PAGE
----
CREDIT SECTOR: Voluntary Interventions Yielding Positive Results
Recent Western Cape Business News
The newly released 2011 annual results of the National Debt Mediation Association (NDMA) show that voluntary interventions by the credit industry are beginning to have a positive impact on efforts to assist over-indebted consumers. It also shows that an increasing number of debt-stressed consumers are benefitting from free voluntary debt mediation offered by the NDMA.
Requests for mediation, which were either a formal complaint against a credit provider in terms of the credit industry’s new Code of Conduct to Combat Over-indebtedness, or requests for assistance to negotiate the restructuring of debt obligations, increased by 120% from 538 in 2010 to 1 877 in 2011.
The NDMA’s mandate in terms of the Code is to receive, manage and resolve complaints against credit providers; facilitate voluntary debt rearrangements; promote compliance by credit providers; implement consumer education and awareness programmes; and provide a platform for the debt counselling and credit industry to engage and find common solutions.
“Through its debt mediation service the NDMA made it possible for hundreds of consumers, individually or through their debt counsellors, to engage with credit providers and find win-win solutions to alleviate the consumer’s debt stress while allowing credit providers to receive reasonable payment,” says NDMA CEO, Magauta Mphahlele.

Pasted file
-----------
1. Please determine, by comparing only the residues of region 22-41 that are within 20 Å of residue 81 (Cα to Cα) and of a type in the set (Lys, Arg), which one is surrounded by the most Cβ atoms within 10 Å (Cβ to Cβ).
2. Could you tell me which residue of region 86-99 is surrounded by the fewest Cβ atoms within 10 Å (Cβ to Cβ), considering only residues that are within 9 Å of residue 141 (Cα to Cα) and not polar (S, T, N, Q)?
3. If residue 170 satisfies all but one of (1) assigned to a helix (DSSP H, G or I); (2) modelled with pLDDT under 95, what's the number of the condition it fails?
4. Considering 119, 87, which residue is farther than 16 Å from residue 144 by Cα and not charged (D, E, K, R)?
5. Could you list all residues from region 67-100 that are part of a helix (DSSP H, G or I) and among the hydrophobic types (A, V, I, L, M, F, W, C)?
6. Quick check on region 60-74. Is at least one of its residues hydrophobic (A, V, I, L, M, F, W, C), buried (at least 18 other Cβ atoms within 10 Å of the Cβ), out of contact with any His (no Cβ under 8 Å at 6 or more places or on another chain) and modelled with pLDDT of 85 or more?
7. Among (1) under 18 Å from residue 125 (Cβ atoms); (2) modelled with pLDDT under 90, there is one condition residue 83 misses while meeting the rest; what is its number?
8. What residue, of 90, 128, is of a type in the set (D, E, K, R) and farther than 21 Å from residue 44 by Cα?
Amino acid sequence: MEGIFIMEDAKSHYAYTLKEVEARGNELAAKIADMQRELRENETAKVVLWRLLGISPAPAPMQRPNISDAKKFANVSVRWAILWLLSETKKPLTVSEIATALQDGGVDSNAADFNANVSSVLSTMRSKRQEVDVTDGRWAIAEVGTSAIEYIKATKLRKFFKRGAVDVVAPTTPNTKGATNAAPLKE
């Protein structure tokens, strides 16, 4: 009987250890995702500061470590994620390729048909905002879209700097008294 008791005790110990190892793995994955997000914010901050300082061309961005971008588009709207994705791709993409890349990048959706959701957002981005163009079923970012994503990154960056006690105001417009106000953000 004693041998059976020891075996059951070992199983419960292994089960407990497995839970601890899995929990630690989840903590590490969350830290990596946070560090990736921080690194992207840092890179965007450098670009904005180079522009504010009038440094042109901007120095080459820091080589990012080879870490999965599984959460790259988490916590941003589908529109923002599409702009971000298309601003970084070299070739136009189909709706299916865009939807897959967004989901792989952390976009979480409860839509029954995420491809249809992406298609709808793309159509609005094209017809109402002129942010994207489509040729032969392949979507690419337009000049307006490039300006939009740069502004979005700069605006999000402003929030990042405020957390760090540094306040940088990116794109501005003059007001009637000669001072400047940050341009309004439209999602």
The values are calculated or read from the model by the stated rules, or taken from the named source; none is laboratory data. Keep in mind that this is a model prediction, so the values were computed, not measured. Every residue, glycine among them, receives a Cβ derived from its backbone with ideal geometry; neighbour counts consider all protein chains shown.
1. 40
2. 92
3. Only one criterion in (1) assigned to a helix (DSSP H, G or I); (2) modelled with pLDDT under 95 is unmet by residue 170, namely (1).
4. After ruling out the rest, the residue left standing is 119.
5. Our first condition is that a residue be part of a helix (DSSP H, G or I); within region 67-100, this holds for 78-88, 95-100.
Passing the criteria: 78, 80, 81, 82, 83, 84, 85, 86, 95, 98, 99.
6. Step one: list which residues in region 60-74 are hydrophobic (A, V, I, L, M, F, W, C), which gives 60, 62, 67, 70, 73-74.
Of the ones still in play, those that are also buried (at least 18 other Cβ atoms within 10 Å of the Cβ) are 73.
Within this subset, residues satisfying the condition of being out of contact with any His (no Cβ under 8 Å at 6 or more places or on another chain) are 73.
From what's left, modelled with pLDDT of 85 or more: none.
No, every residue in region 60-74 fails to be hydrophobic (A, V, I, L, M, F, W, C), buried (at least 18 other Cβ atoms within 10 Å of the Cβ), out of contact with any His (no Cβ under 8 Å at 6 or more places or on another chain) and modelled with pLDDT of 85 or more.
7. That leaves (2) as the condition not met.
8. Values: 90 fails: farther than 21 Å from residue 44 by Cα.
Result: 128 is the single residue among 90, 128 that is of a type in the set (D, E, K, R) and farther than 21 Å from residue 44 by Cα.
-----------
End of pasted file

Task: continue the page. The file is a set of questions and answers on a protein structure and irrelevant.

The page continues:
She added that through the NDMA’s interventions, consumers were able to retain their assets, such as primary residences and means of transport, through mediated debt restructuring agreements.
Of the 1 877 matters dealt with in 2011 by the NDMA, 95% were finalised. Of the finalised matters 77% (1 345) were in favour of the consumer, while 33% (444) were not.
“’In favour’ does not mean the credit provider was in the wrong in all instances, but it does reflect the willingness of credit providers to make a concession if the merits of the case permit,” says Mphahlele. “For example, with regards to car repossessions and property auctions, the credit provider in most instances had a valid court order to execute, but through mediation, 126 property auctions were stopped, 207 car repossessions were halted and 426 terminated matters were reinstated back into debt review.”
Reinstatement into debt review is an important remedy for the consumer as they then continue to enjoy protection from legal action while making reasonable and approved payments to the credit provider.
The results also show that 26% of the complaints received by the NDMA related to terminations from debt review, followed by car repossessions (17%), then summons issued whilst consumer is under debt review (11%) and property auctions (8%). A number of consumers and debt counsellors approached the NDMA to assist in preventing repossession or other enforcement action even if no particular complaint was raised against the conduct of the credit provider.
“The fact that the NDMA offers a quick and free service is a welcome relief for many consumers who otherwise could have spent huge amounts of money to cover legal costs if they had to engage with credit providers in court,” says Mphahlele.
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